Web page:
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In-Box Review
135
M998 Cargo/Troop Carrier Humvee

by: John Mendoza [ JEEPNEY ]

assembly

Assembly starts with attaching the suspension and axles to the frame. Fit here is good and getting all four wheels to touch the ground is not a problem. The drive shafts are then attached to the engine oil pan and transmission assembly. This part of the build is a little tricky since the whole engine and drive train assembly is supported only by the drive shafts. Inserting the shafts is also tricky since you have to insert them both at the same time. I suggest practicing this step a few times before adding glue. The body shell can be attached to the frame at this point to help align the engine while the glue is curing. A set of tools complete with a tool tray is included. I had trouble looking for its attachment points behind the rear axle so I decided to leave them off.

The exhaust system and sway bars are then added to the frame. The two-piece fuel tank fits snugly between the frame and the tranny. The engine mount is finally glued on, completing the whole undercarriage assembly.

Construction of the main body begins with the radios and shifters. The shifters are soft and thin so great care must be taken in cleaning and attaching them. The gunner's platform is not used here. Instead a flat piece covers the hole for the platform. The separate tailgate is also attached to the rear at this point. The long side panels are attached next. The engine side panels go into the engine room. Since this is a two-seater version inserts are provided for the floor and sidewalls behind the front row of seats.

The windshield frame, windshields and wipers are glued together. Fit is so good that I just snapped the windshields in, leaving off glue that might mar the clear parts. The instrument panel, steering column and steering wheel are then attached to the windshield assembly. The whole thing is glued to the dash. Careful alignment is needed here or a gap might appear between the top of the door and the edge of the windshield frame. The seats are put in and the front bumper is added to the frame.

Next comes the hood assembly. The mesh is attached under the grill. The mesh must be trimmed carefully because it can unravel easily. The front grill and the headlights are attached to the hood. The headlight fit is a bit tight. Small bits like the air cleaner, lights and hood latches complete the hood. The side mirrors are best left off until after final assembly since the parts are thin and the might get broken off. The hood assembly is glued in next. Brush guards are provided but I opted to leave them off. The soft doors go in next. The roof, which comes with R and F hints underneath so you don't accidentally put it in backwards, tops off the cabin.

I opted to make the Troop Carrier version since it's in use by the Philippine Army. Assembling the troop seats is a bit tricky and the thin and long parts have to be aligned carefully. I placed the assembled seats on a flat surface while the glue cured to aid in alignment. These assemblies are then glued to the cargo area of the Humvee. The antenna mount is added to the rear. There are no attachment points for this so a bit of trial and error is needed.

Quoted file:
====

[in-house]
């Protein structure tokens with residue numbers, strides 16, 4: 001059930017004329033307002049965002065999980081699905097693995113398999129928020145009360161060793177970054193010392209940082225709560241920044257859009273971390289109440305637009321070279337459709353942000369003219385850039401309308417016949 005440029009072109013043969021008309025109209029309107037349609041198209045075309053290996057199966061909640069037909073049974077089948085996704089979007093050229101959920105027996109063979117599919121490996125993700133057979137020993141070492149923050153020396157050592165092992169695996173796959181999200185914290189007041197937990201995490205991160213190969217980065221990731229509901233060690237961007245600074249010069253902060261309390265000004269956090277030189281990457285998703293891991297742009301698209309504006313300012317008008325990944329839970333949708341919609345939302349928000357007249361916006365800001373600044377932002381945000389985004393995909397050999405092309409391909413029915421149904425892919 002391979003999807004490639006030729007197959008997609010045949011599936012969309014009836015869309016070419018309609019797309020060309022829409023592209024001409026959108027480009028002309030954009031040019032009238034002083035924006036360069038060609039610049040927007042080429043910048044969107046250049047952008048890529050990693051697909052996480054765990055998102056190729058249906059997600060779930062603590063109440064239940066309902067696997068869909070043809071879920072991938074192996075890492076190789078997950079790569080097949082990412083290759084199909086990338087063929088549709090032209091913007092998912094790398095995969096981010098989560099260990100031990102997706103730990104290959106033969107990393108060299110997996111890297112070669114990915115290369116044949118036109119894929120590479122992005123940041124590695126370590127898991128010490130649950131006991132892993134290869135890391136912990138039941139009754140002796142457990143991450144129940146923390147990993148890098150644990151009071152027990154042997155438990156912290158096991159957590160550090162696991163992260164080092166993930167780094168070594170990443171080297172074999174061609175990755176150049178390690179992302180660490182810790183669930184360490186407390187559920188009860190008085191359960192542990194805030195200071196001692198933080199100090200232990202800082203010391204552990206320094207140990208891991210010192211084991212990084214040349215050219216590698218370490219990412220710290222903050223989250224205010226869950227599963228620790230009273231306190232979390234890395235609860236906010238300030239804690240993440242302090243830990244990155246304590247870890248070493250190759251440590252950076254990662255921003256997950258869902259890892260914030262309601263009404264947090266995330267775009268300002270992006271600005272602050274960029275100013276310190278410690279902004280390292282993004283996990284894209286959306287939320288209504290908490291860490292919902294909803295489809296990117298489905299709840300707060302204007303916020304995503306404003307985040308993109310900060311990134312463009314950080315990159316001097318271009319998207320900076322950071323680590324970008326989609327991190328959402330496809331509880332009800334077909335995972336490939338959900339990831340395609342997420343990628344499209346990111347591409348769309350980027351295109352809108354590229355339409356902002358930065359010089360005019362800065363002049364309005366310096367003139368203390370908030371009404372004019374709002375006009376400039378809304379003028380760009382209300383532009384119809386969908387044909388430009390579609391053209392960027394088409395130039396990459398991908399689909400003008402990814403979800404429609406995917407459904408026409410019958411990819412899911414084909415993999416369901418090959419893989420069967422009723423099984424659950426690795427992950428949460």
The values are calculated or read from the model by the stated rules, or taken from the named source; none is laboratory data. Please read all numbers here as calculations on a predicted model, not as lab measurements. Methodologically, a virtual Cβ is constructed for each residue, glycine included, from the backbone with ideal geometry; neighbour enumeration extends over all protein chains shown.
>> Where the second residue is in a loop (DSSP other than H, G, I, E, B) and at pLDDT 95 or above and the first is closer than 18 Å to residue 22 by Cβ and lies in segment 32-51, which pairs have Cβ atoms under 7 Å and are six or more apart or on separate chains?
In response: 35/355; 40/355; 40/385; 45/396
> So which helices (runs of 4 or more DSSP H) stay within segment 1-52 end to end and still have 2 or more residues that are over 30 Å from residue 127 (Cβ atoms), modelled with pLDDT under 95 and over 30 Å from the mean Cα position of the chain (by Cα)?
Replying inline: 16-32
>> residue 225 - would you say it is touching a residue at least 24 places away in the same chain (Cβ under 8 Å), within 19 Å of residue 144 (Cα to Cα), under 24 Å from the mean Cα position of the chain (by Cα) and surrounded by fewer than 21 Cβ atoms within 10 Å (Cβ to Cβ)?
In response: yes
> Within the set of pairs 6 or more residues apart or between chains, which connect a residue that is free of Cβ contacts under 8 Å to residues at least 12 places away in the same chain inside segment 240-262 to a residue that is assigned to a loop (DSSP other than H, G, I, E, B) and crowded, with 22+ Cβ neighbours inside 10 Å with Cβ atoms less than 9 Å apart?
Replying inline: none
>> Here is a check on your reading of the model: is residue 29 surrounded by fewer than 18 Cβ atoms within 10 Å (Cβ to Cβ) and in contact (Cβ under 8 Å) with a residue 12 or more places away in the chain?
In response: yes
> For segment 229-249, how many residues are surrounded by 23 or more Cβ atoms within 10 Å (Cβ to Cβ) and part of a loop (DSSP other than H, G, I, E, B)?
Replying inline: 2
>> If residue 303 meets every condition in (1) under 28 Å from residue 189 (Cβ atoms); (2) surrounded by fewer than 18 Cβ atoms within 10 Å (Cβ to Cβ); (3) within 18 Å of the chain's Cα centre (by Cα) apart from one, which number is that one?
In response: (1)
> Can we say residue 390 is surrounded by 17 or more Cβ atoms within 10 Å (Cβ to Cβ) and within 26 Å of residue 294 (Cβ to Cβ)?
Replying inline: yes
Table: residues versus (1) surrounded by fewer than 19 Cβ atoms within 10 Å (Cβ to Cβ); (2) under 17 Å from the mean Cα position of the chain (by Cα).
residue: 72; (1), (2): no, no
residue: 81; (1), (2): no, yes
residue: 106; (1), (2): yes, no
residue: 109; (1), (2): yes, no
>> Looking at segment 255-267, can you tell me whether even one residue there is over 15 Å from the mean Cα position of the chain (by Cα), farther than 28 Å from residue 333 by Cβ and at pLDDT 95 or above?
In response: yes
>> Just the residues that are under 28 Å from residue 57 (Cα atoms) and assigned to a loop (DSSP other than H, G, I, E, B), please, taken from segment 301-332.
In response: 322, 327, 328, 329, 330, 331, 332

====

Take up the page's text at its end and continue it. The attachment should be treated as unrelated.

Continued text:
The three-piece tire-wheel-hub assemblies are put together next. Remember that Humvees have different hubs for the front and rear wheels. Careful gluing will allow the wheels to roll.



AREAS FOR IMPROVEMENT

The pedals are molded to the floor so you might want to remedy this with scratch built pedals.

There is no engine and radiator so if you want to pose the hood open you have to look around for parts. CMK has resin engine inserts.

The shock absorbers are the rubber-booted kind. These can be replaced with coiled wire shock absorbers that are normally seen in Humvees.

The rubber tires might be annoying. They can be replaced by resin parts if desired.

Interior detail is good but wires and ducts can be added for accuracy.

The door windows are too small. Careful carving with a sharp knife fixes this.



COMMENTS AND OPINIONS

The parts contain bits of flash which can be easily cleaned. There are some hard-to-miss sink marks on the suspension parts but a little putty and sanding will take care of them. The undercarriage is very detailed and it seems to take half the instruction manual. Other sink marks on the body are hidden by the seats and other parts so filling them is not required.

The lights and windshield are on separate sprues so there are no clear parts to mask while painting. The wheels can be painted without masking since they come in two parts.

Academy's Humvee is a very nice kit.



in conclusion

I already have the M996 TOW Carrier lined up next. Academy Humvees are better deals here in the Philippines compared to Italeri Humvees since Academy's offerings are a dollar or two cheaper. Grab one before they disappear!
SUMMARY
This is a out of box build review of Academy's excellent M998 Cargo/Troop Carrier Humvee. The box contains a lot of sprues since Academy added extra ones and retained most of the parts required to build the four-door version. This means that you get four doors, four seats, machine gun ring for the roof, and a machine gun. Not all of these parts are going to be used to build the Carrier so these can be transferred to the spares bin. The box also contains four vinyl tires and a piece of plastic mesh for the hood grill. You can build either the Army or the Marine version.
Percentage Rating
80%
  Scale: 1:35
  Mfg. ID: AC1362
  Suggested Retail: PHP 300.00
  PUBLISHED: Oct 11, 2002
  NATIONALITY: United States
NETWORK-WIDE AVERAGE RATINGS
  THIS REVIEWER: 87.50%
  MAKER/PUBLISHER: 82.75%

About John Mendoza (Jeepney)
FROM: , PHILIPPINES

Copyright 2019 text by John Mendoza [ JEEPNEY ]. All rights reserved.


   

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  • AC1362